Photo courtesy of Jim Little
Plumerias have come a long way from the traditional pastel
colored and white blossoms, above. New varieties have
more brilliant coloring, such as the unnamed
rainbow cultivar below.
WHAT'S in a name? In botanical circles, confusion. Say a serious bougainvillea grower in Kona hybridizes two of his plants and creates a beautiful new flower that he names for his wealthy Aunt Agnes. Thrilled with the worldwide acceptance of her name on a new flower, she leaves him all her General Electric stock. Well, it's new to him, but somebody in Singapore and somebody else in South Africa made the same cross, got the same flower and named it for his secretary and his mother, respectively. (As with boats, people tend to give plants feminine names.) So we have one flower with three names.
New plumerias in profusion
Among orchid growers, this can't happen because in 1906 a methodical English botanist named Sander began to publish a list of hybrids with the names of the parent plants and the hybridizers. The first hybrid registered is then the official one, and later growers of the same flower are notified that they are too late. The practice has since been taken over by the Royal Horticulture Society in London, but is still known as "Sander's List."
According to Jim Little, who is a commercial grower of plumerias, there is a similar if less organized list of plumeria hybrids kept in Houston, Texas, by the Plumeria Society of America. The problem, Little says, is that many plumeria crosses are random, through what is called "open pollination."
"This means that the pollen can be transferred by the wind or insects or on dust, or the plant can even self-pollinate. A grower collects the seed pod, cultivates the seeds and ends up with seedlings that are identical to the parent, but he doesn't know this and he renames it. We nursery people see the duplication of names and the confusion that results when people try to identify and order a plant that may have several names," he said.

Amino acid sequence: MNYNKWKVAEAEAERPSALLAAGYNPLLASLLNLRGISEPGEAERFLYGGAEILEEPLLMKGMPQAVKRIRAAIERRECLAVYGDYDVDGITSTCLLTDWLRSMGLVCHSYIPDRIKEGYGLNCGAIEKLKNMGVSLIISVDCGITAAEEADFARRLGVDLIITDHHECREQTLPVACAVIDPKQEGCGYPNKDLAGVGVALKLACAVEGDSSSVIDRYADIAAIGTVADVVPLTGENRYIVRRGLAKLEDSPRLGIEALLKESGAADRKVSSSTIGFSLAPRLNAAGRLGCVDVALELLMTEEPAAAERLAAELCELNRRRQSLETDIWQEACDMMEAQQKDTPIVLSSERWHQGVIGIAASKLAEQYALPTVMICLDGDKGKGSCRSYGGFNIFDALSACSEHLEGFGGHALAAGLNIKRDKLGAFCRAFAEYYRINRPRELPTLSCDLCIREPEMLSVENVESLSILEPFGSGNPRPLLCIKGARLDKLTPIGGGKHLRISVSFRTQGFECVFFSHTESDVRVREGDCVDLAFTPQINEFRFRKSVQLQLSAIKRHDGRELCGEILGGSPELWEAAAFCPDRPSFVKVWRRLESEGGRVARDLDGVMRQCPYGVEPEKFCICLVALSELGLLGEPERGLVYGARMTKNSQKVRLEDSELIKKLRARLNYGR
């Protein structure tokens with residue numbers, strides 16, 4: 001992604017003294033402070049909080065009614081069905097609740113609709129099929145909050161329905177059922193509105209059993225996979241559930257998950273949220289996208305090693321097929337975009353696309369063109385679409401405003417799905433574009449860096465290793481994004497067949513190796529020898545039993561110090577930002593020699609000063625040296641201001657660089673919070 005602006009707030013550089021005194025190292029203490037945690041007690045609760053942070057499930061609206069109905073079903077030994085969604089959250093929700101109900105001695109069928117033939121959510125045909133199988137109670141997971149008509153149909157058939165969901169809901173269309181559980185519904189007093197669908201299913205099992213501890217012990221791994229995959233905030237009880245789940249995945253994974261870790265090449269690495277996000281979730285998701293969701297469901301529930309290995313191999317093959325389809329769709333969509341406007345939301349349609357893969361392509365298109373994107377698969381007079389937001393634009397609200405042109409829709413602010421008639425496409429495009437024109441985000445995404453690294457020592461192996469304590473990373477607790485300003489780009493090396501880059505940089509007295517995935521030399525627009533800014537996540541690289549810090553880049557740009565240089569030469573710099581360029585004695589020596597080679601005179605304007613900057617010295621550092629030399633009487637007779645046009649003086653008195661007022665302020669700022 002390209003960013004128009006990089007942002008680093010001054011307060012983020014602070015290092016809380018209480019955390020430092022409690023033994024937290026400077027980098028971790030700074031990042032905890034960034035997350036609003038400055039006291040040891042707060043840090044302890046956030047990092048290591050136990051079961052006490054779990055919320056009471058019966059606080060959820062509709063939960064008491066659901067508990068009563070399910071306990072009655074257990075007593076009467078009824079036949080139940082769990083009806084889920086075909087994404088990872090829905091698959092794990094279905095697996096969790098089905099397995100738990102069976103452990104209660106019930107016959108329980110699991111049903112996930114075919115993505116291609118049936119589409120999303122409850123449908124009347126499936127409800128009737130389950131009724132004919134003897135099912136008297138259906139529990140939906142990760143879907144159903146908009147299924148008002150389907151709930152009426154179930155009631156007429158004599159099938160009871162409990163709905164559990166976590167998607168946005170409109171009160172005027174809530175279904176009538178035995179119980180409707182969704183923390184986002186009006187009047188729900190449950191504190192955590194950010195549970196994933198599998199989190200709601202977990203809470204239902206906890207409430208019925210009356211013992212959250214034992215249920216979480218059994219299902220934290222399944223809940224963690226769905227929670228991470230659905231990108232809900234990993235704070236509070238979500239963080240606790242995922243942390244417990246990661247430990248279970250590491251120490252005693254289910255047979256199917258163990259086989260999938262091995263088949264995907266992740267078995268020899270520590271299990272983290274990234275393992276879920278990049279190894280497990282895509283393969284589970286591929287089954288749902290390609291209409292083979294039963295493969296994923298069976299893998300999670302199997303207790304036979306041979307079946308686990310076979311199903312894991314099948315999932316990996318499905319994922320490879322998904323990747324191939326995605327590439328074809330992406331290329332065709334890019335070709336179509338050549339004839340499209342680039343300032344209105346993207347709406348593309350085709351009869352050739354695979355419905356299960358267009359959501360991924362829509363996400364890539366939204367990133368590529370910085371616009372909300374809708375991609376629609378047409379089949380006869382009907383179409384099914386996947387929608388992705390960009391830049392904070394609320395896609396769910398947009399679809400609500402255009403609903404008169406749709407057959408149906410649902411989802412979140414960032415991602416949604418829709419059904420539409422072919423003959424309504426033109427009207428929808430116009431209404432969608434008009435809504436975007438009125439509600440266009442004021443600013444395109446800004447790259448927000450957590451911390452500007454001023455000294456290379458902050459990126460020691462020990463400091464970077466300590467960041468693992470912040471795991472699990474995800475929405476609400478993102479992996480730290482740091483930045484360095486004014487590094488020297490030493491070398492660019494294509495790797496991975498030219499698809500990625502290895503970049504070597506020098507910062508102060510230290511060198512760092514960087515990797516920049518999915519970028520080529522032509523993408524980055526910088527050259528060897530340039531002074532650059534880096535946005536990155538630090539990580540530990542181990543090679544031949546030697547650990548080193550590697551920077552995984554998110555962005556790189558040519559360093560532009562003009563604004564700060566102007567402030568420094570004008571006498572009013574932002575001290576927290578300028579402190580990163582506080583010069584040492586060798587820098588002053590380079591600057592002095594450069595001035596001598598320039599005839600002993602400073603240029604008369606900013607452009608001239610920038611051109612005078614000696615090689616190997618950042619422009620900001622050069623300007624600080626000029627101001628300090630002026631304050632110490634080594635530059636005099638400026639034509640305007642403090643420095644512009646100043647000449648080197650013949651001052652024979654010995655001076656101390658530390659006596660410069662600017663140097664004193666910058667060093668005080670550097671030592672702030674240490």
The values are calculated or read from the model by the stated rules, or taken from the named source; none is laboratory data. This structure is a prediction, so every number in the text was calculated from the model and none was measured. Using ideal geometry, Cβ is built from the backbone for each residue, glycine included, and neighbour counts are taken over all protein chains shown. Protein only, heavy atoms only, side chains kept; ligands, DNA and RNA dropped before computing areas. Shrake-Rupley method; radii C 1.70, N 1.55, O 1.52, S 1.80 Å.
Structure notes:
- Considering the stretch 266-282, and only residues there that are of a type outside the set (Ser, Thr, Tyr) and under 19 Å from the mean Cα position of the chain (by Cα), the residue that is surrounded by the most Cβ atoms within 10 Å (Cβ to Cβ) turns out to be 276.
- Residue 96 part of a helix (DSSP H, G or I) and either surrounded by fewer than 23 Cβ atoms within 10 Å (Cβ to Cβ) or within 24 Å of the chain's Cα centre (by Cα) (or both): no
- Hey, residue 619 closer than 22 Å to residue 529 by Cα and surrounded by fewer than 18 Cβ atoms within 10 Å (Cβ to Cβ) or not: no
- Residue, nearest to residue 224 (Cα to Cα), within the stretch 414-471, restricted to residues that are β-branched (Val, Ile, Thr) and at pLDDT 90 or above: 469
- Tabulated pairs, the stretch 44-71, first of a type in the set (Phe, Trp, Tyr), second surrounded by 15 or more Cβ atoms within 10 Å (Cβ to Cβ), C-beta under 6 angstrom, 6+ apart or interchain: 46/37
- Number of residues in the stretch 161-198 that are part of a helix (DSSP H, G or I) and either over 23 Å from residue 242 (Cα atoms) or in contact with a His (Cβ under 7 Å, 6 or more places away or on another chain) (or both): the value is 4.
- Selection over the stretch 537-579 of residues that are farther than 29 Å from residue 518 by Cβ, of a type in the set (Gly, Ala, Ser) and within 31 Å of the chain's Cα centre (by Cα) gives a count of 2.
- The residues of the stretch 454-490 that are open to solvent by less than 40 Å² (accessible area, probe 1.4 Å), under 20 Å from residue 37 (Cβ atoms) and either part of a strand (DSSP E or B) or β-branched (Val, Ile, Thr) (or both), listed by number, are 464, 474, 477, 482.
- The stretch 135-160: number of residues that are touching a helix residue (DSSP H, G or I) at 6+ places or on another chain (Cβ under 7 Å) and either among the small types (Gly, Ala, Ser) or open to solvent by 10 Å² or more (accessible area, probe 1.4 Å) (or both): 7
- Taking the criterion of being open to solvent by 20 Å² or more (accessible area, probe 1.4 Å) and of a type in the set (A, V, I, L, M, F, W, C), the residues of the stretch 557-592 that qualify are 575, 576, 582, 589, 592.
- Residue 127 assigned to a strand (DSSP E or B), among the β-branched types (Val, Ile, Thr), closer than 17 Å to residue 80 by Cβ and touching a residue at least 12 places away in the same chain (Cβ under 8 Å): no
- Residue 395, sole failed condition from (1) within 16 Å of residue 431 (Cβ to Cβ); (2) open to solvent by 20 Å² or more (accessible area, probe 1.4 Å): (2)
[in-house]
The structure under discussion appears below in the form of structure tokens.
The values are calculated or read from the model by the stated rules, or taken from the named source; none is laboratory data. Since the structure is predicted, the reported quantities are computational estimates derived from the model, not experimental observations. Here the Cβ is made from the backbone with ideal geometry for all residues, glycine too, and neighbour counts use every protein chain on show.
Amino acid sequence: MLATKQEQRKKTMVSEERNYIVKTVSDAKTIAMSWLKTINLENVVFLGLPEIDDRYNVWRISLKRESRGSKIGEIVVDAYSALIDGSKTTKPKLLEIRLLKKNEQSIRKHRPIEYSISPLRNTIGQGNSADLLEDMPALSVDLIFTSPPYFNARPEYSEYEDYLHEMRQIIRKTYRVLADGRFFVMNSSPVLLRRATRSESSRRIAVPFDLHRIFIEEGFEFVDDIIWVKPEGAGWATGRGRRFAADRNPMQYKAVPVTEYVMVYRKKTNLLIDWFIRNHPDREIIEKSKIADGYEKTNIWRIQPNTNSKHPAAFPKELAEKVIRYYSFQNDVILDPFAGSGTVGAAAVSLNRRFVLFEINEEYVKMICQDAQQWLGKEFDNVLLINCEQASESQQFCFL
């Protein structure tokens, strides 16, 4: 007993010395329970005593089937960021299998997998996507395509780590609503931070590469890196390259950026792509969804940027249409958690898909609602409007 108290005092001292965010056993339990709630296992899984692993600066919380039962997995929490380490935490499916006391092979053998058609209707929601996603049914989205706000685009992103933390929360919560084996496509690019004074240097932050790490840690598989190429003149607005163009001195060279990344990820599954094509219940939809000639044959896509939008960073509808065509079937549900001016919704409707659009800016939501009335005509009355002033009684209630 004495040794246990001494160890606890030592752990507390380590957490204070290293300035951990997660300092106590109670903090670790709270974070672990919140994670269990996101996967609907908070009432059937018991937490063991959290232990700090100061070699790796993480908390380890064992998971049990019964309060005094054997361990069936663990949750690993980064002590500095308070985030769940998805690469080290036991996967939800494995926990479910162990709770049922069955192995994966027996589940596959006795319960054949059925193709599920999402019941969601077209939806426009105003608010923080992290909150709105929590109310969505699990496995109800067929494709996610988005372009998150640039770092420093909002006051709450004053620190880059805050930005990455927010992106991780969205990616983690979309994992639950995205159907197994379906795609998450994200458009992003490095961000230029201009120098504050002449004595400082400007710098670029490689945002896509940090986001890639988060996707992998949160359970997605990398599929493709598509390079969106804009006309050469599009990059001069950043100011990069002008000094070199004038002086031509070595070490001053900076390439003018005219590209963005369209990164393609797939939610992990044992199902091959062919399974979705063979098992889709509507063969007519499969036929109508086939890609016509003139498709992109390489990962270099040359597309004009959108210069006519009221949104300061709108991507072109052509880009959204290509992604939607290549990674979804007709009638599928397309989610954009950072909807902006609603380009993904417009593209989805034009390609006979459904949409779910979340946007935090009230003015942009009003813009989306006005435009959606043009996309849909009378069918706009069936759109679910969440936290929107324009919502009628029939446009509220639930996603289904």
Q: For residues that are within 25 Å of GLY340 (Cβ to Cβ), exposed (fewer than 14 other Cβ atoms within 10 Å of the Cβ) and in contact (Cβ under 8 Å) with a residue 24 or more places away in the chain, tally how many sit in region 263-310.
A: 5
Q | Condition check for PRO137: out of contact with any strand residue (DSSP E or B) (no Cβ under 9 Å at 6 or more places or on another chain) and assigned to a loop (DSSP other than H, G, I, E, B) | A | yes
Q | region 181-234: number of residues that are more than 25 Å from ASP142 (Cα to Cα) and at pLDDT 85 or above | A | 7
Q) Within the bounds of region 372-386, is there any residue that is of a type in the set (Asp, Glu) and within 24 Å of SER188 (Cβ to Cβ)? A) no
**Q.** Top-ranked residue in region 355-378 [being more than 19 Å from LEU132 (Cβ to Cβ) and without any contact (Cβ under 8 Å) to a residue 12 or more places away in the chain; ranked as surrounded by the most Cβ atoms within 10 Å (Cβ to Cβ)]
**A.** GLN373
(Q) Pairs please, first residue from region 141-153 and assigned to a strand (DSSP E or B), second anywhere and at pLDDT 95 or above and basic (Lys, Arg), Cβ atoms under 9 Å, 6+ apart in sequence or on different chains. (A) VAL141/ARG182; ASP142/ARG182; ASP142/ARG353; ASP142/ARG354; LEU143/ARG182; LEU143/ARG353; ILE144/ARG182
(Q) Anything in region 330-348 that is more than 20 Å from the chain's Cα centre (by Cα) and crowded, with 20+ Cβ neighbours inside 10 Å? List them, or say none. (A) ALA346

"When you make a cross, you set up a criteria for selection, you don't just keep everything and then name them for your boss or the dog. It's driving us bonkers. To make a superior cross, you use superior trees."
Little uses controlled hybridization to create his plumeria crosses, a delicate process of hand pollination taught to him in 1974 by the late William Moragne.
An executive in the sugar business on Kauai, Moragne is considered the pioneer in hybridizing plumeria. He made the first documented cross using the pollen of the small red plumeria named "Scott Pratt" on the flower of the large white "Daisy Wilcox" variety. The result was a total of four seed pods that produced 283 seedlings.
"Bill Moragne planted all of them, but he kept only the best, and he named those for his wife and daughters. There's a set of standards we use in judging what to keep. What you don't want is something similar to an existing flower. What you do look for is the size of the flower, its color and its fragrance. You want a flower that will have good texture, not be floppy, so it will last in a lei. Then you look at the foliage and the growth habit of the tree. It should be compact and not leggy. You want shiny dark green leaves so that it looks good when it's not in flower," Little said.
"I taught art and photography, and I used to quote Picasso who said, 'I'll paint 100 paintings and I'll keep only one. An amateur keeps 99 of his.' It's the same with plumeria."
Little names only the best of his plants, the others are numbered, but he is saving the name of his wife, Doric, for the absolutely best of his hybrids. None has yet earned the name, but when it does it will probably be a true orange, which so far does not exist.
"I don't particularly favor the whites and the pastels," he said. "I like the rainbow plumeria and the bright, strong colors. There are hundreds of new colors, intense yellows and strong reds. The more crosses you make, the stronger the colors become. Most of my crosses are made with the original Moragne hybrids."
So when you buy a dried cutting of plumeria, or a seedling not in flower, ask to see a photograph of what the flower will be. There are many new cultivars that are replacing the standard "graveyard flowers" of 50 years ago.
The state's biggest and best orchid show, the 60th Annual Orchid Show and Plant Sale sponsored by the Honolulu Orchid Society, is on now at the Neal Blaisdell Exhibition Hall. It will close Sunday. In keeping with the theme of the show, each orchid club on Oahu has been invited to create a display celebrating the ethnic background and the history of the club and its members.
This is dependably a magnificent experience that includes lectures by growers, a lei contest using dendrobium orchids and a great plant sale. Don't miss it.
What: Show sponsored by the Honolulu Orchid Society
NA OKIKA O HAWAII -- 60 YEARS
Where: Neal Blaisdell Exhibition Hall
When: Today and tomorrow (Friday and Saturday) from 9 a.m. until 9 p.m., Sunday from 9 a.m. to 4 p.m.
Gardening Calendar in Do It Electric!
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